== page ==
The Truth About Eyelid Scrubs

If you want to clean your eyes, giving yourself some relief from irritation in the process, you might consider using an eyelid scrub. Your eyes are pretty sensitive, so it can be difficult to know just what to use on them — are eyelid scrubs actually okay to use? According to dermatologist Dendy Engelman, who spoke to Byrdie, eyelid scrubs aren't actually scrubs as such. Rather, they're "non-abrasive formulas designed to wash away dead skin, bacteria, and other debris at the lash line." Despite what you may think from the name, they don't contain any grit. 

As eyelid scrubs both sanitize the eyelids and help to soothe irritation and itching too, they're perhaps best to use when your eyelids are actually inflamed. They can also be useful if you're dealing with eyelash mites or blepharitis — the non-contagious condition that can cause an inflamed eyelid with dandruff-esque flakes. However, the use of eyelid scrubs is not entirely without risk; here's the truth about the skincare product. 

Eyelid scrubs are safe, but you should take precautions

When it comes to the eye area, it's best to be careful. A gentle eyelid scrub can be just what you need for cleaning the area around your eye, but if you've got sensitive skin you might want to look for a product that's full of ingredients to soothe your skin. Some of them can even exacerbate irritation and be responsible for over-drying around the eyes, so it's perhaps worth erring on the side of caution (via Byrdie).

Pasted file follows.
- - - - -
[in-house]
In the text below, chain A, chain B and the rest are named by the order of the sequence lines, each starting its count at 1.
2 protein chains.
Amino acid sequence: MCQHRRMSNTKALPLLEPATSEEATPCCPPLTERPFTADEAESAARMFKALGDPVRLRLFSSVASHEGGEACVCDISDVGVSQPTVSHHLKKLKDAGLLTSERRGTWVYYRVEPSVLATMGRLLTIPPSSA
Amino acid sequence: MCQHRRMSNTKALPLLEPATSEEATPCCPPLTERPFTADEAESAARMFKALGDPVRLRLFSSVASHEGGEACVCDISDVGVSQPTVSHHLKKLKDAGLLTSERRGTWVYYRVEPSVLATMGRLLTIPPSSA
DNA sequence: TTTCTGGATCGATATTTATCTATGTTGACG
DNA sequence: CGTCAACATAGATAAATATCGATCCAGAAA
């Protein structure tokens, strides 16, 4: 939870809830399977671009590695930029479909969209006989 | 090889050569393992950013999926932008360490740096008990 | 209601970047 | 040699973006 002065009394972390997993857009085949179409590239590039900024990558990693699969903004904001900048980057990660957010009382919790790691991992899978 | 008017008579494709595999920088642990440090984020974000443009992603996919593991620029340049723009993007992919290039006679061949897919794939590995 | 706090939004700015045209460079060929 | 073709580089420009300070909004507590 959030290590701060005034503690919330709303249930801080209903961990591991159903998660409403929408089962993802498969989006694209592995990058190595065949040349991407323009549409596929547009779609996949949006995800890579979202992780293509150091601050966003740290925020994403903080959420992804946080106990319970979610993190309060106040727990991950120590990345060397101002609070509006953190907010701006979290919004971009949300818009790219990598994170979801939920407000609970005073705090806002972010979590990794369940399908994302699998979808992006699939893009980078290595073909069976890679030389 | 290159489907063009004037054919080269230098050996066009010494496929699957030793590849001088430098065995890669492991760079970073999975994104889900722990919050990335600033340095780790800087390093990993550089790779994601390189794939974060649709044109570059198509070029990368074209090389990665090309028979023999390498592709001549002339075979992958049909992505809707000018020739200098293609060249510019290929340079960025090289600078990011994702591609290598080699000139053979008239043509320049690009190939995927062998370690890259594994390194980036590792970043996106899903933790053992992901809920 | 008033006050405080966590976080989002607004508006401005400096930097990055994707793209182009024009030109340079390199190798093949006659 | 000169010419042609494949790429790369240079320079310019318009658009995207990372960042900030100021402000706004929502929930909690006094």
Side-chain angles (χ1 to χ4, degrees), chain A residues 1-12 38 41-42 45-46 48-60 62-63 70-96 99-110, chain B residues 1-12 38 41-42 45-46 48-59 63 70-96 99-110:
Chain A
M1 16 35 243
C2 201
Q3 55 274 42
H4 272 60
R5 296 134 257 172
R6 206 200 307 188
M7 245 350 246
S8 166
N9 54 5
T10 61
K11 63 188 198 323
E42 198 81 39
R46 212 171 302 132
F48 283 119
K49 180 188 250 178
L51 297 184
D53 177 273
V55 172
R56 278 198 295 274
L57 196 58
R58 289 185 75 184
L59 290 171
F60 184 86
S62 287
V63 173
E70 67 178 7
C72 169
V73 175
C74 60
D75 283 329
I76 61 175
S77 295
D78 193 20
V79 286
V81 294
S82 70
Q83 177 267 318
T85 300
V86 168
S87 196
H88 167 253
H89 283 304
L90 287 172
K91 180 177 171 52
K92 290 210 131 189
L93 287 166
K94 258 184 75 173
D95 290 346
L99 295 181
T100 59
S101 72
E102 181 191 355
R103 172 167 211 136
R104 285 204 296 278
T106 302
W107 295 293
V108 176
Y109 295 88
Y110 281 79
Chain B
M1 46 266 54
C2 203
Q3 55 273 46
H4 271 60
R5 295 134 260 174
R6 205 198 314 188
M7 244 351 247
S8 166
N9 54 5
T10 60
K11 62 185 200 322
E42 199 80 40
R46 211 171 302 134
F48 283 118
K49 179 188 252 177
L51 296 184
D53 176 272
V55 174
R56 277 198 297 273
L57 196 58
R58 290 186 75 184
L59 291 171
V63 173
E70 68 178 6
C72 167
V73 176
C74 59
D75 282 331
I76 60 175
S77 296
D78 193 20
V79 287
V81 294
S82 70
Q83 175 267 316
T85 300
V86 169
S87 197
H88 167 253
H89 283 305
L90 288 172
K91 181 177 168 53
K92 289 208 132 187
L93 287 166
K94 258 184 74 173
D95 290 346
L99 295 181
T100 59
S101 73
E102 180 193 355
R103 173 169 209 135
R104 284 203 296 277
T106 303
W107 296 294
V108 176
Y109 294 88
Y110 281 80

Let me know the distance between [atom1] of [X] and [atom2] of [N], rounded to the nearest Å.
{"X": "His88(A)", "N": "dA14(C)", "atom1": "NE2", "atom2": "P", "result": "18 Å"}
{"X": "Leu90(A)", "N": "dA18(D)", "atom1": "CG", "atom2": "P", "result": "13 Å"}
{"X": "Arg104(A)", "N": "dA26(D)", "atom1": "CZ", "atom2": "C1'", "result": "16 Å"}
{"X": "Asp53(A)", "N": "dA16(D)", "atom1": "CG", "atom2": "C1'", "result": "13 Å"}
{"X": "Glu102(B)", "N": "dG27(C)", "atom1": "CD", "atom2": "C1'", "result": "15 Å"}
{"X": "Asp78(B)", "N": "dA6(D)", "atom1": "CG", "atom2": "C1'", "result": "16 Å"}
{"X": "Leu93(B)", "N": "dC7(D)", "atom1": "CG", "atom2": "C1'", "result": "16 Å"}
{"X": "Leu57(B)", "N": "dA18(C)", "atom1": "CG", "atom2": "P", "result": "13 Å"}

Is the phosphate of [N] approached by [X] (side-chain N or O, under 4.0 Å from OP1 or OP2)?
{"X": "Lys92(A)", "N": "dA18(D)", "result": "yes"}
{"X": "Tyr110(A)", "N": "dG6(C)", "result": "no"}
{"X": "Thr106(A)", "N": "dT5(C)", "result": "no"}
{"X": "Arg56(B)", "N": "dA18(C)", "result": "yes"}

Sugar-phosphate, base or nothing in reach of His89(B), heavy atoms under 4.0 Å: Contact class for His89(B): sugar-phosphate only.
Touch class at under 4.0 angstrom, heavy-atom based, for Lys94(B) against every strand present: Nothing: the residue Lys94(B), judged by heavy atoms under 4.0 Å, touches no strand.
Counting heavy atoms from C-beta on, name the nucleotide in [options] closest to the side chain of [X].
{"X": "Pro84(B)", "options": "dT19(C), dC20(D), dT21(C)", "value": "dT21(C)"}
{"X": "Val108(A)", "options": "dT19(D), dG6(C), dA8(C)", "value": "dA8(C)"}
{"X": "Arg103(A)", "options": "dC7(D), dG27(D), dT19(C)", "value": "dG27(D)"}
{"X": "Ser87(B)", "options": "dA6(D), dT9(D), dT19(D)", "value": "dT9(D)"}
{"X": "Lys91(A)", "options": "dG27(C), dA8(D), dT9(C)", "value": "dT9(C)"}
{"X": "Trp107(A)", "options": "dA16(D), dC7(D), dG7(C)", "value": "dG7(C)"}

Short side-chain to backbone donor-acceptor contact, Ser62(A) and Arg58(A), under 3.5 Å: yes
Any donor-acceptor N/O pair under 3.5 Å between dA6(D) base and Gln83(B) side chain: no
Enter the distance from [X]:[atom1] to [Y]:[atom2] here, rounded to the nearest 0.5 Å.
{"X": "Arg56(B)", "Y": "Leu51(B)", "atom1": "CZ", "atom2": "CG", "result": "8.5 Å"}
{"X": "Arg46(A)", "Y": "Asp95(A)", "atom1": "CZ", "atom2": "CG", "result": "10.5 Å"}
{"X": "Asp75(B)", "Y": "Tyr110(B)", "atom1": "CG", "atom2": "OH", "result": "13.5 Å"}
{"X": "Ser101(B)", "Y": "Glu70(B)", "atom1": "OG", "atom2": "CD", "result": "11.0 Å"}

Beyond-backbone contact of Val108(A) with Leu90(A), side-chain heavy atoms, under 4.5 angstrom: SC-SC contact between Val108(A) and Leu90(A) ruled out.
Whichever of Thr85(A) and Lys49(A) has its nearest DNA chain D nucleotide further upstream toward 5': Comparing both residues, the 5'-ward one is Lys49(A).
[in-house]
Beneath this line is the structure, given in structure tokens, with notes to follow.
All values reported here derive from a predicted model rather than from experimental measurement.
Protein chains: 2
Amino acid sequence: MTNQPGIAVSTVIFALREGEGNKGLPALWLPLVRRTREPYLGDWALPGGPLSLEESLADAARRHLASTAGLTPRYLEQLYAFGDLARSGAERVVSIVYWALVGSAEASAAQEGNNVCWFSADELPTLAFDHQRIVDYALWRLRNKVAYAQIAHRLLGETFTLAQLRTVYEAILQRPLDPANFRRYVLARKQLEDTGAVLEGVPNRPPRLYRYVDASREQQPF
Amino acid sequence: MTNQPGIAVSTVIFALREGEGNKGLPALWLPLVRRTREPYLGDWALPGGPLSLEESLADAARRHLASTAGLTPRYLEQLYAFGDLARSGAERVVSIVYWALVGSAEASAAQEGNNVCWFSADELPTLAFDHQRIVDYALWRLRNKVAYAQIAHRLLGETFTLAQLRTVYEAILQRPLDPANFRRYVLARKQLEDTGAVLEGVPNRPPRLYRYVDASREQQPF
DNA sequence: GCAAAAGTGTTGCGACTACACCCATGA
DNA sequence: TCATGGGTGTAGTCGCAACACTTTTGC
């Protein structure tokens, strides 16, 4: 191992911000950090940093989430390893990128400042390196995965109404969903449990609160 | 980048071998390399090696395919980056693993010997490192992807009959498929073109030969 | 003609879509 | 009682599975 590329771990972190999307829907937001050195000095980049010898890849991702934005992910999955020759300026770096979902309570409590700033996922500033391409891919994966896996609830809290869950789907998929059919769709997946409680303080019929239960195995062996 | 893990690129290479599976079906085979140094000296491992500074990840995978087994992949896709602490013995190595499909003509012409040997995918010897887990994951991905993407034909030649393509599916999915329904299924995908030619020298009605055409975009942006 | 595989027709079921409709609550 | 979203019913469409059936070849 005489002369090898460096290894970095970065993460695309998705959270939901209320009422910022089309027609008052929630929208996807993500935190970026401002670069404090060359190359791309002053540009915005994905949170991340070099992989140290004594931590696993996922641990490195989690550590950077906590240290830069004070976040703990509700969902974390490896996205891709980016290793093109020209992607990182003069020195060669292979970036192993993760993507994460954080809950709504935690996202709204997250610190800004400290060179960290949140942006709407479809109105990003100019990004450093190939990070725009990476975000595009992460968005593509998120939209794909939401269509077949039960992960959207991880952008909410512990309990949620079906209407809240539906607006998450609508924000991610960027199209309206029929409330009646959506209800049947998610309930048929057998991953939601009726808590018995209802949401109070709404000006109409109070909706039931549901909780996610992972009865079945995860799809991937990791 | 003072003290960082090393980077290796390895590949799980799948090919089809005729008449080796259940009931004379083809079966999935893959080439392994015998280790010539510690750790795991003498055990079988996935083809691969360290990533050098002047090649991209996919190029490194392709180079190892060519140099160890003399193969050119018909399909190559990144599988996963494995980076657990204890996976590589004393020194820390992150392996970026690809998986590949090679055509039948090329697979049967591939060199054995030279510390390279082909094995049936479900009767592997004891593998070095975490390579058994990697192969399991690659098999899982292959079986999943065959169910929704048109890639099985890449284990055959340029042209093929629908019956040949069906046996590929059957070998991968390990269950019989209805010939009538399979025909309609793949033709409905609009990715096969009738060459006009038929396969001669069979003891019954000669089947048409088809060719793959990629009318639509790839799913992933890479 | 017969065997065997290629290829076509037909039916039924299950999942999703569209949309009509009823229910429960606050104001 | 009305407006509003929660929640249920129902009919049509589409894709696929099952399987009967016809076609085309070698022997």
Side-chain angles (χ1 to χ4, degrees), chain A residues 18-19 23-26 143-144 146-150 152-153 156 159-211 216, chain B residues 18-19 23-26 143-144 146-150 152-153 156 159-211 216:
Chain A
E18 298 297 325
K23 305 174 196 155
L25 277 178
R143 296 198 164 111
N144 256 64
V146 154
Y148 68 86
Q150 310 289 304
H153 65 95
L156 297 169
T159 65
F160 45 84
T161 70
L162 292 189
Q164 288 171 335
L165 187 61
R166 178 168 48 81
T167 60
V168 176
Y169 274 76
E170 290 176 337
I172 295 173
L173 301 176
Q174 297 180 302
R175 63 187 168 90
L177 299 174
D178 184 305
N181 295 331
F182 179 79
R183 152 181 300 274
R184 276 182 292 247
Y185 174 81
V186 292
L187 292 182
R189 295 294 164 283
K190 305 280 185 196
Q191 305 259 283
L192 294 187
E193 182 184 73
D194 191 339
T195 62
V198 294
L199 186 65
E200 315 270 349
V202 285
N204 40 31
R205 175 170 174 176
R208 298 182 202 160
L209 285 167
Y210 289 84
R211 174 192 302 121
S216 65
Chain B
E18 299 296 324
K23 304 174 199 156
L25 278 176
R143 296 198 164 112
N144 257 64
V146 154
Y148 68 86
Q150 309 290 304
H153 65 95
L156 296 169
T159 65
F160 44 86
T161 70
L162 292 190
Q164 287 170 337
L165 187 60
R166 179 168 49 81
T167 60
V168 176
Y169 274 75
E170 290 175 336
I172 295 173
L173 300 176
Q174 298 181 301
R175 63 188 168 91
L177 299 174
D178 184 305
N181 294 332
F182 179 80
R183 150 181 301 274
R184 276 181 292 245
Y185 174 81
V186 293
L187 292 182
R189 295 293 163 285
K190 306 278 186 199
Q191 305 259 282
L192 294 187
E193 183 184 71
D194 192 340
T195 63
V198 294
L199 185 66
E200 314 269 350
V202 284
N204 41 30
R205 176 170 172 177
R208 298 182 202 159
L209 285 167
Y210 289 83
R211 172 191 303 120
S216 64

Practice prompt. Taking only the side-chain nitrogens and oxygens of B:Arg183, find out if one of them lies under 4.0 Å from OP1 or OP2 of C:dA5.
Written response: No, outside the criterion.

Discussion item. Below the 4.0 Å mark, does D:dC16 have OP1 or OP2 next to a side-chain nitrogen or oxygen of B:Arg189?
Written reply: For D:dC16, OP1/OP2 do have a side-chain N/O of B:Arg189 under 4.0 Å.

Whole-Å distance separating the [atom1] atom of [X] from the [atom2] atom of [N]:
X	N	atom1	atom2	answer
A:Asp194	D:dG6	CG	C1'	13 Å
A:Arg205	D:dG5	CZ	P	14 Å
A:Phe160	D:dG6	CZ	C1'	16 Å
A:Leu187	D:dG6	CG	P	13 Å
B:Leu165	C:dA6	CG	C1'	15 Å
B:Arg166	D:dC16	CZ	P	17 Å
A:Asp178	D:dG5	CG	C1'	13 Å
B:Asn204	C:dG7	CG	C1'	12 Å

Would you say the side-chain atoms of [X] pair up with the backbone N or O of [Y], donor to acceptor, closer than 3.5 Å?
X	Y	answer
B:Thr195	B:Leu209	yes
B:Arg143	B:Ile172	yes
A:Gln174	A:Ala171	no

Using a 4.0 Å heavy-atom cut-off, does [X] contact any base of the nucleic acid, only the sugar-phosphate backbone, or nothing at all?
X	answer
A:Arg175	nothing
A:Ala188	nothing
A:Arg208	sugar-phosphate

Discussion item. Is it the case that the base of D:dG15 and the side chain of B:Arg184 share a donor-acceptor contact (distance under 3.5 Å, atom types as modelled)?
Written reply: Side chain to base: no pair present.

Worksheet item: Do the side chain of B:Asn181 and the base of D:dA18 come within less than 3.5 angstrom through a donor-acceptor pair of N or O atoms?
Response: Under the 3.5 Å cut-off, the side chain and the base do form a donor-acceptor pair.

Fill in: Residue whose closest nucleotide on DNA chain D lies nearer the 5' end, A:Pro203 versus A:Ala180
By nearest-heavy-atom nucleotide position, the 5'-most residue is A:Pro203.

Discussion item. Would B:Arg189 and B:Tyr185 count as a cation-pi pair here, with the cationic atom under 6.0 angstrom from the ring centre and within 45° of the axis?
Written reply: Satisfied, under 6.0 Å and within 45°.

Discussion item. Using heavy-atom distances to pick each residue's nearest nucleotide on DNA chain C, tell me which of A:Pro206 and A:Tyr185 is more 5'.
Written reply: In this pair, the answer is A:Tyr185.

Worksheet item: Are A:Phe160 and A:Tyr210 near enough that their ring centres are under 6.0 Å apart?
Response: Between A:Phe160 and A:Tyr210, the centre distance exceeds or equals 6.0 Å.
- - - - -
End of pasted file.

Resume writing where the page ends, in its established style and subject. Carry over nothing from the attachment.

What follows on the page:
It's also important to remember never to scrub your eyelids themselves — regardless of how good rubbing your eyes might feel. No matter how tempting it might be, your eyelid is so thin that you could end up doing some real damage. When you're finished, simply rinse your eyelids with clean water and gently dry them with a towel (via WebMD). Sometimes, people use essential oils like tea tree oil as eyelid scrubs. If you do so, make sure you never use them at full strength. Either look out for a 50% solution or dilute it yourself with a carrier oil for extra safety (via Healthline).